With de-identified data, providers can share patient data to assist in medical advances while also maintaining patient privacy and complying with HIPAA.





Hannah Nelson


API EHR integrations can support patient centered care by promoting patient reported outcomes data sharing with primary care providers.


Application programming interface (API) EHR integrations can support patient reported outcomes data sharing with primary care providers, according to a study published in JAMIA.

In a prior feasibility study, researchers developed and tested an initial prototype of a remote patient monitoring application for asthma patients in pulmonary subspecialty clinics. The original intervention consisted of a smartphone app that prompted patients to report asthma symptoms every week. The study demonstrated high patient adherence and low provider burden.

Increased access to patient reported outcomes data can aid providers in delivering patient-centered care.

For the current study, researchers adapted the intervention to the primary care setting and gathered patient and PCP feedback on requirements for a successful remote patient monitoring application.

The study’s results are based on analysis of 26 transcripts (21 patients, 5 providers) from the prior study, 21 new design sessions (15 patients, 6 providers), and survey responses from 55 PCPs.

PCP-facing requirements included a clinician-facing dashboard accessible from the EHR and an EHR inbox message preceding the visit. Nurse-facing requirements included callback requests sent as an EHR inbox message.

Patient-facing requirements included the ability to complete a one- or five-item symptom questionnaire each week, depending on asthma control. Patients also called for the option to request a callback, and the ability to enter notes. Additionally, patients suggested that the app push tips prior to a PCP visit. Requirements were consistent for English- and Spanish-speaking patients.

EHR integration of the intervention required the use of custom APIs, the authors noted.

“This study demonstrates how third-party apps can be used for PRO-based between-visit monitoring in a real-world clinical setting with the goal of maximizing use, usability, and scalability in parallel with native EHR functionality and patient portal offerings,” the study authors wrote.

“Although we focused exclusively on asthma, these findings may generalize to other chronic conditions that benefit from routine symptom monitoring using standardized PROs, such as rheumatologic disease, mental health illness, and irritable bowel disease,” they continued.

Additionally, the authors noted that their study’s findings could be applied more broadly to support primary care patient reported outcomes for patients with multiple chronic illnesses.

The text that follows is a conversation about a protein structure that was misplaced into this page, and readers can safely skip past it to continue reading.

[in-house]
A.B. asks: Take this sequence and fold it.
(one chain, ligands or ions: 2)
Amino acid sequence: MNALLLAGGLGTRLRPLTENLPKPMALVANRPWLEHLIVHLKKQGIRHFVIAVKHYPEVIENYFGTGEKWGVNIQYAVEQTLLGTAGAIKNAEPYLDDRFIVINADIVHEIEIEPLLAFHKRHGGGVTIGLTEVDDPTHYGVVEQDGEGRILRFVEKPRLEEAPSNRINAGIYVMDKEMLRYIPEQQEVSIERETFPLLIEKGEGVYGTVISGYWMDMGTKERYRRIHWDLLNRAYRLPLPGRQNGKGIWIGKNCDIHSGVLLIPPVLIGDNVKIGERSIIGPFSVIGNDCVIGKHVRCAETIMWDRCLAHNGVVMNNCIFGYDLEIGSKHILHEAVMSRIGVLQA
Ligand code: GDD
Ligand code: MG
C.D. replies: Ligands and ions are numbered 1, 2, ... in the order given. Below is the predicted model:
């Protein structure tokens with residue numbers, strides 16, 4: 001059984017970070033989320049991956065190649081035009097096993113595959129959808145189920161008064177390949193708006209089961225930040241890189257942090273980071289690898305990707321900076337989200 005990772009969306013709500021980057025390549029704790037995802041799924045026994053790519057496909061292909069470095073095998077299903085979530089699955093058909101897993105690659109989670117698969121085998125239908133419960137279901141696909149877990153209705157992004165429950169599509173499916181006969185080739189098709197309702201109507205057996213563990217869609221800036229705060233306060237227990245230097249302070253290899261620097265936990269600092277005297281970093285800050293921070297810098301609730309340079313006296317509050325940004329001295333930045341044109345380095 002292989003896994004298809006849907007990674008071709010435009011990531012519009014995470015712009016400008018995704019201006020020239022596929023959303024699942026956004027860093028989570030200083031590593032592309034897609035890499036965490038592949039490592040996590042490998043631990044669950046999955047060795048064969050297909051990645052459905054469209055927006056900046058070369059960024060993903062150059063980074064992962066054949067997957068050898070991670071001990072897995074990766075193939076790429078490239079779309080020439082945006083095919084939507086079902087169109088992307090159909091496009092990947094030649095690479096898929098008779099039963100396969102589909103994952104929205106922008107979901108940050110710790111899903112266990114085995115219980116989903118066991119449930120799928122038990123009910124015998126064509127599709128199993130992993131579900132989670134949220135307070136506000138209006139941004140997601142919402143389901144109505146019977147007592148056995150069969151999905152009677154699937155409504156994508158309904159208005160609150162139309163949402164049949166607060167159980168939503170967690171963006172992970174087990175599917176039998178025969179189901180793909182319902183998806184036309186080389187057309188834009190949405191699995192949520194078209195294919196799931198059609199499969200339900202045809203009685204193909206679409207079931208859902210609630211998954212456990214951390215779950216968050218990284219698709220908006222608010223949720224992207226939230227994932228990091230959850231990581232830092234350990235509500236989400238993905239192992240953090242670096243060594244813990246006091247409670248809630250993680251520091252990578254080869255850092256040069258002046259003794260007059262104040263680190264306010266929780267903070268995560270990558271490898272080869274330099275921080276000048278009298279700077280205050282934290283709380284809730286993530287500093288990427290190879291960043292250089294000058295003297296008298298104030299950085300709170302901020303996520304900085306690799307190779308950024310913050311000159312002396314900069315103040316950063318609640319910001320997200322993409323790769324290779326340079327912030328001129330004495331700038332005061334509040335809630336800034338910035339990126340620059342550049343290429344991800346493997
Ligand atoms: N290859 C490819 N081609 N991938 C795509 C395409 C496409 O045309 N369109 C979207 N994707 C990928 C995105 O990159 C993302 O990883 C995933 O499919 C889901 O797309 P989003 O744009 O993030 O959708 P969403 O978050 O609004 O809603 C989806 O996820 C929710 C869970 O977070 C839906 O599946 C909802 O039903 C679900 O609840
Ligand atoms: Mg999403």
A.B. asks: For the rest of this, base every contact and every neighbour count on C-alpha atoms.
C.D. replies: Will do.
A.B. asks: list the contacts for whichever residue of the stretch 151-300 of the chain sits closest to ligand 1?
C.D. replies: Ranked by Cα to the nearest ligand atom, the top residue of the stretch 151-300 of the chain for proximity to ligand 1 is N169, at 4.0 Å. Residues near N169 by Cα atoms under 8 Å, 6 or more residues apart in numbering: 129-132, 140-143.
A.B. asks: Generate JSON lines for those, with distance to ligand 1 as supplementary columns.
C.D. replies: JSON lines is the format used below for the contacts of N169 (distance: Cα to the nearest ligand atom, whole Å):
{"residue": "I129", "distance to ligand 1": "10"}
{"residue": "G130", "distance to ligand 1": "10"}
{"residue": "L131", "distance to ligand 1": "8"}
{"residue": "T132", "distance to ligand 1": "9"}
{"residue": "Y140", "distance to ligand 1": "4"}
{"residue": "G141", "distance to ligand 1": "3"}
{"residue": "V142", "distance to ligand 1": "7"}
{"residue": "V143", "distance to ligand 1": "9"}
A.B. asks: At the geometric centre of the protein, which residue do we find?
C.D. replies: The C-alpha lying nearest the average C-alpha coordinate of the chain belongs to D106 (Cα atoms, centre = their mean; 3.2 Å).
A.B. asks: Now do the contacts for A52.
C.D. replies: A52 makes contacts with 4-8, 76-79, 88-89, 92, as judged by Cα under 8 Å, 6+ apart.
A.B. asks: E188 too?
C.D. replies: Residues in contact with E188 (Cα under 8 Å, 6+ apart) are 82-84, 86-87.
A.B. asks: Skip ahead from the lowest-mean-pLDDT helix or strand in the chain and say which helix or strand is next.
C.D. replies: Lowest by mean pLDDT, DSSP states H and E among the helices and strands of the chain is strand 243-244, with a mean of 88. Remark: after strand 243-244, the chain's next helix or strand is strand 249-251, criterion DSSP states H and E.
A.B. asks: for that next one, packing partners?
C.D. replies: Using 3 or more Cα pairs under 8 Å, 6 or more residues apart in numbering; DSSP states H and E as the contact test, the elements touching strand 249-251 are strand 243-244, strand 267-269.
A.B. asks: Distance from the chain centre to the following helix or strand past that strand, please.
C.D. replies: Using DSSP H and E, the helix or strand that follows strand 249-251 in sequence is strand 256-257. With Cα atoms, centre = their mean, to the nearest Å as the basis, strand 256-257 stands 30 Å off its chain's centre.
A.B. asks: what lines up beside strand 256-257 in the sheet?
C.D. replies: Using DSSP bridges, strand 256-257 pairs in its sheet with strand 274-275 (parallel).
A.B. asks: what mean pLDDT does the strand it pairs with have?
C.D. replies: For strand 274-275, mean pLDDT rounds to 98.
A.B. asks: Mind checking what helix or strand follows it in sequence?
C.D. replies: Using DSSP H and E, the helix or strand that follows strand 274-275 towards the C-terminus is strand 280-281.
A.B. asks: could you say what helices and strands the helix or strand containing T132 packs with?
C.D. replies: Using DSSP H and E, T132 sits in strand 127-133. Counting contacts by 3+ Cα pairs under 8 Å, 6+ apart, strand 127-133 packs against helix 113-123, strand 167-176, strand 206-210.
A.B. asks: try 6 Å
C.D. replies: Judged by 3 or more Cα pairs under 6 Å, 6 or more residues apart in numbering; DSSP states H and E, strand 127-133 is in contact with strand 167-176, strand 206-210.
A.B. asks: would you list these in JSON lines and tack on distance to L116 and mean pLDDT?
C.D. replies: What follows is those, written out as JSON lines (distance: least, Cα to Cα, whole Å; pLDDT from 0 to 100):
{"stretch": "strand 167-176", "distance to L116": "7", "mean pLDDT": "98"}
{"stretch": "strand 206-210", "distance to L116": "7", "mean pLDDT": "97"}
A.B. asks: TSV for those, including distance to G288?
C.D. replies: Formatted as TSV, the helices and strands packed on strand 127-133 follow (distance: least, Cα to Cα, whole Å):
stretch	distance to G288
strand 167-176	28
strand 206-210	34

“Similar requirements elicitation approaches also have the potential to develop scalable interventions for monitoring overall health of patients with multiple chronic conditions, such as captured by global health PROs which measure general physical, mental, and social health,” they wrote.

“With further testing, iterative development, and continued attention to scalability, the rapidly evolving efforts of digital remote monitoring between visits may be achievable at the population level for patients with chronic conditions,” the authors continued.

As care is increasingly delivered remotely, such requirements are likely to become more important.

“Our effort is distinct from other reported efforts at developing clinically integrated remote monitoring interventions, which lack prioritization of requirements, require additional clinical staff, such as care managers, to monitor data, or require a device,” the authors wrote.

These alternate approaches may encounter scalability issues, such as cost challenges for using devices where they aren’t necessary, they explained.

“Furthermore, we provide new knowledge regarding how a third-party application can be integrated into an EHR with patient- and provider-facing components to enable the use of PROs for between-visit monitoring.”





Erin McNemar


Mayo Clinic researchers found that the population health of those under 45 regarding severe COVID-19 infection is greatly affected by chronic disease.


Mayo Clinic researchers have discovered new risk factors impacting the population health of those under 45 when it comes to severe COVID-19 infection. 

Using data from 9,859 COVID-19 infections, researchers found that younger populations had a greater than threefold increased risk of severe infection if they had chronic diseases such as cancer, heart disease, or blood, neurologic, or endocrine disorders.

The team of researchers studied individuals living in a 27-county region of Southeast Minnesota and West Central Wisconsin who were diagnosed with COVID-19 between March and September 2020. The study used the Rochester Epidemiology Project, a linkage of 1.7 million medical records from multiple health care systems that provided significant insight into the risks for the whole geographical region.

"Medical care is really fragmented in our country, so someone diagnosed with COVID-19 at one health care provider might end up at a totally different hospital for their severe case. If those records are not linked together, there's really not a good way for us to understand that that is even the same patient," Jennifer St. Sauver, PhD, a Mayo Clinic epidemiologist and the study's first author, said in a press release.